In U.S. Pat. No. 5,405,940, the disclosure of which is incorporated by reference, it is explained that the MAGE-1 gene codes for a tumor rejection antigen precursor which is processed to nonapeptides which are presented by the HLA-A1 molecule. The nonapeptides which bind to HLA-A1 follow a “rule” for binding in that a motif is satisfied. In this regard, see e.g. PCT/US93/07421; Falk et al., Nature 351: 290-296 (1991); Engelhard, Ann Rev. Immunol. 12: 181-207 (1994); Ruppert et al., Cell 74: 929-937 (1993); Rotzschke et al., Nature 348: 252-254 (1990); Bjorknan et al., Nature 329: 512-518 (1987); Traversari et al., J. Exp. Med. 176: 1453-1457 (1992). The reference teaches that given the known specificity of particular peptides for particular HLA molecules, one should expect a particular peptide to bind to one HLA molecule, but not to others. This is important, because different individuals possess different HLA phenotypes. As a result, while identification of a particular peptide as being a partner for a specific HLA molecule has diagnostic and therapeutic ramifications, these are only relevant for individuals with that particular HLA phenotype. There is a need for further work in the area, because cellular abnormalities are not restricted to one particular HLA phenotype, and targeted therapy requires some knowledge of the phenotype of the abnormal cells at issue.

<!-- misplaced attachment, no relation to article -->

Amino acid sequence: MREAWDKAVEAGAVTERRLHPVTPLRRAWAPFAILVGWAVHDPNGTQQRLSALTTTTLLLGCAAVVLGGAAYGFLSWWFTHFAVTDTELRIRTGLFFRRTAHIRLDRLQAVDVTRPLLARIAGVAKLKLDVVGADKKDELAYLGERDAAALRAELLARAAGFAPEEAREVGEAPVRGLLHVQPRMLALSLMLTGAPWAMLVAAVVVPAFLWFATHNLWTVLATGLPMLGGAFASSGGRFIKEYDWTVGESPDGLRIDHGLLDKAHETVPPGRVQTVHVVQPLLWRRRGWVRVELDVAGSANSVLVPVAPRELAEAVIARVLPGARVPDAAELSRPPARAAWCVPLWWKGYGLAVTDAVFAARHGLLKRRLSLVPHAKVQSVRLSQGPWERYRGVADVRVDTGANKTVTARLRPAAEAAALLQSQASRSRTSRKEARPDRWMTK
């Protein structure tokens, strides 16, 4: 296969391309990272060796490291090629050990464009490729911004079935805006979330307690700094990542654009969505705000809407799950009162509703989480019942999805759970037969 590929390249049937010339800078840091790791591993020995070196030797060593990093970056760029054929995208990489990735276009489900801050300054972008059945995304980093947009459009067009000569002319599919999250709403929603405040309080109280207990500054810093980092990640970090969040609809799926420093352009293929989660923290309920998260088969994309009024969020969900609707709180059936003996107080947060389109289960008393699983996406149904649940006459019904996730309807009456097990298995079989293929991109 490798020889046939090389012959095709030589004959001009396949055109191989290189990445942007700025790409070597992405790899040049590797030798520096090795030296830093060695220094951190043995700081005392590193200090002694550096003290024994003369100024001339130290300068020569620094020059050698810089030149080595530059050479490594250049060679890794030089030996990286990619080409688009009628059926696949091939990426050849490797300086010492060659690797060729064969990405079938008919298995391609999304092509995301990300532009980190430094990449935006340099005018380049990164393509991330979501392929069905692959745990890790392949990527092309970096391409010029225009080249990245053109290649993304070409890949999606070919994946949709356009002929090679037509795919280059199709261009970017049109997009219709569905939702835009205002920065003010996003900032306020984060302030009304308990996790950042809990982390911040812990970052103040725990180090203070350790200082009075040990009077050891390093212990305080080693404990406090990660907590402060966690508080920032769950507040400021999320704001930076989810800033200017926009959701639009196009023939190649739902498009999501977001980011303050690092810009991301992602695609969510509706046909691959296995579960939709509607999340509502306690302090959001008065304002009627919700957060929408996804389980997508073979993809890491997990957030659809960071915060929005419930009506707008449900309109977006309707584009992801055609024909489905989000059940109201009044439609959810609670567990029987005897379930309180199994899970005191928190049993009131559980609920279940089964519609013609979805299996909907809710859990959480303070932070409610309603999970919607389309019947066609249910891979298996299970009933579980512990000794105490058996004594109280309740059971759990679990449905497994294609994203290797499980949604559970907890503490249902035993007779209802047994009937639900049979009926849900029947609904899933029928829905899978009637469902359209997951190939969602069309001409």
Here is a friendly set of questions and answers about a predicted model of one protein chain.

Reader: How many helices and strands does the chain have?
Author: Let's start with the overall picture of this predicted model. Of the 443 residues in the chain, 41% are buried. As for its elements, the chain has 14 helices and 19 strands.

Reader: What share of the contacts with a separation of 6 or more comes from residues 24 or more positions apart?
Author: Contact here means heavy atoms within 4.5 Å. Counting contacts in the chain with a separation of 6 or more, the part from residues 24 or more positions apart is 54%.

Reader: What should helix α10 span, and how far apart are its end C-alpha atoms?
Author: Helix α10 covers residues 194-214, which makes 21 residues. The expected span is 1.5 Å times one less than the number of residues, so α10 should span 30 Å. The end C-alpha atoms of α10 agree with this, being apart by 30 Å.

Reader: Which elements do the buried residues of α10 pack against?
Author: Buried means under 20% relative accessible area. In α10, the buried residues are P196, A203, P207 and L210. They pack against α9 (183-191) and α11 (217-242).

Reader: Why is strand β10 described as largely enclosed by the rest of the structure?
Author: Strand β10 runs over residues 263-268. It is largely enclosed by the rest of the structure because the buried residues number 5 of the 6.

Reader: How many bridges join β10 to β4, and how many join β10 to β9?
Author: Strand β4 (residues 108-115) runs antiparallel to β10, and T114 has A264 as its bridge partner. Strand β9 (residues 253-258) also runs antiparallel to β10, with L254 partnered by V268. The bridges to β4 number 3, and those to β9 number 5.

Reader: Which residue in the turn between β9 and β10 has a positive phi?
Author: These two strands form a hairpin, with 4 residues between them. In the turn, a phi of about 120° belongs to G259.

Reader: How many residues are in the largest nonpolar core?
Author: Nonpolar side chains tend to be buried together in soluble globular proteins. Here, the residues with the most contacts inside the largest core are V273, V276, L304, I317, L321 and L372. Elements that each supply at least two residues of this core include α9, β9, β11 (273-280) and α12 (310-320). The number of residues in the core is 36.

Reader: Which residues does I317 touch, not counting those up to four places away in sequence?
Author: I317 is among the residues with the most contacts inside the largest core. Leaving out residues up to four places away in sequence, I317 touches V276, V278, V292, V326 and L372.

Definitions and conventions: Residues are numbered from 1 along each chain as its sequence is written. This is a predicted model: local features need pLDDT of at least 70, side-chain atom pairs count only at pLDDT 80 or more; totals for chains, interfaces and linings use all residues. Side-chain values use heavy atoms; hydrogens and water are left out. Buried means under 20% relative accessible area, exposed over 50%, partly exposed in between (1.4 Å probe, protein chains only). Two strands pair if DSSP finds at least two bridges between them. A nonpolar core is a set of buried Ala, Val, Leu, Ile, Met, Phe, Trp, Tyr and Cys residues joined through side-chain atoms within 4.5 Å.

In U.S. patent application Ser. No. 008,446, filed Jan. 22, 1993 now U.S. Pat. No. 5,558,995 and incorporated by reference, the fact that the MAGE-1 expression product is processed to a second TRA is disclosed. This second TRA is presented by HLA-Cw 1601 molecules. The disclosure shows that a given TRAP can yield a plurality of TRAs, each of which will satisfy a motif rule for binding to an MHC molecule.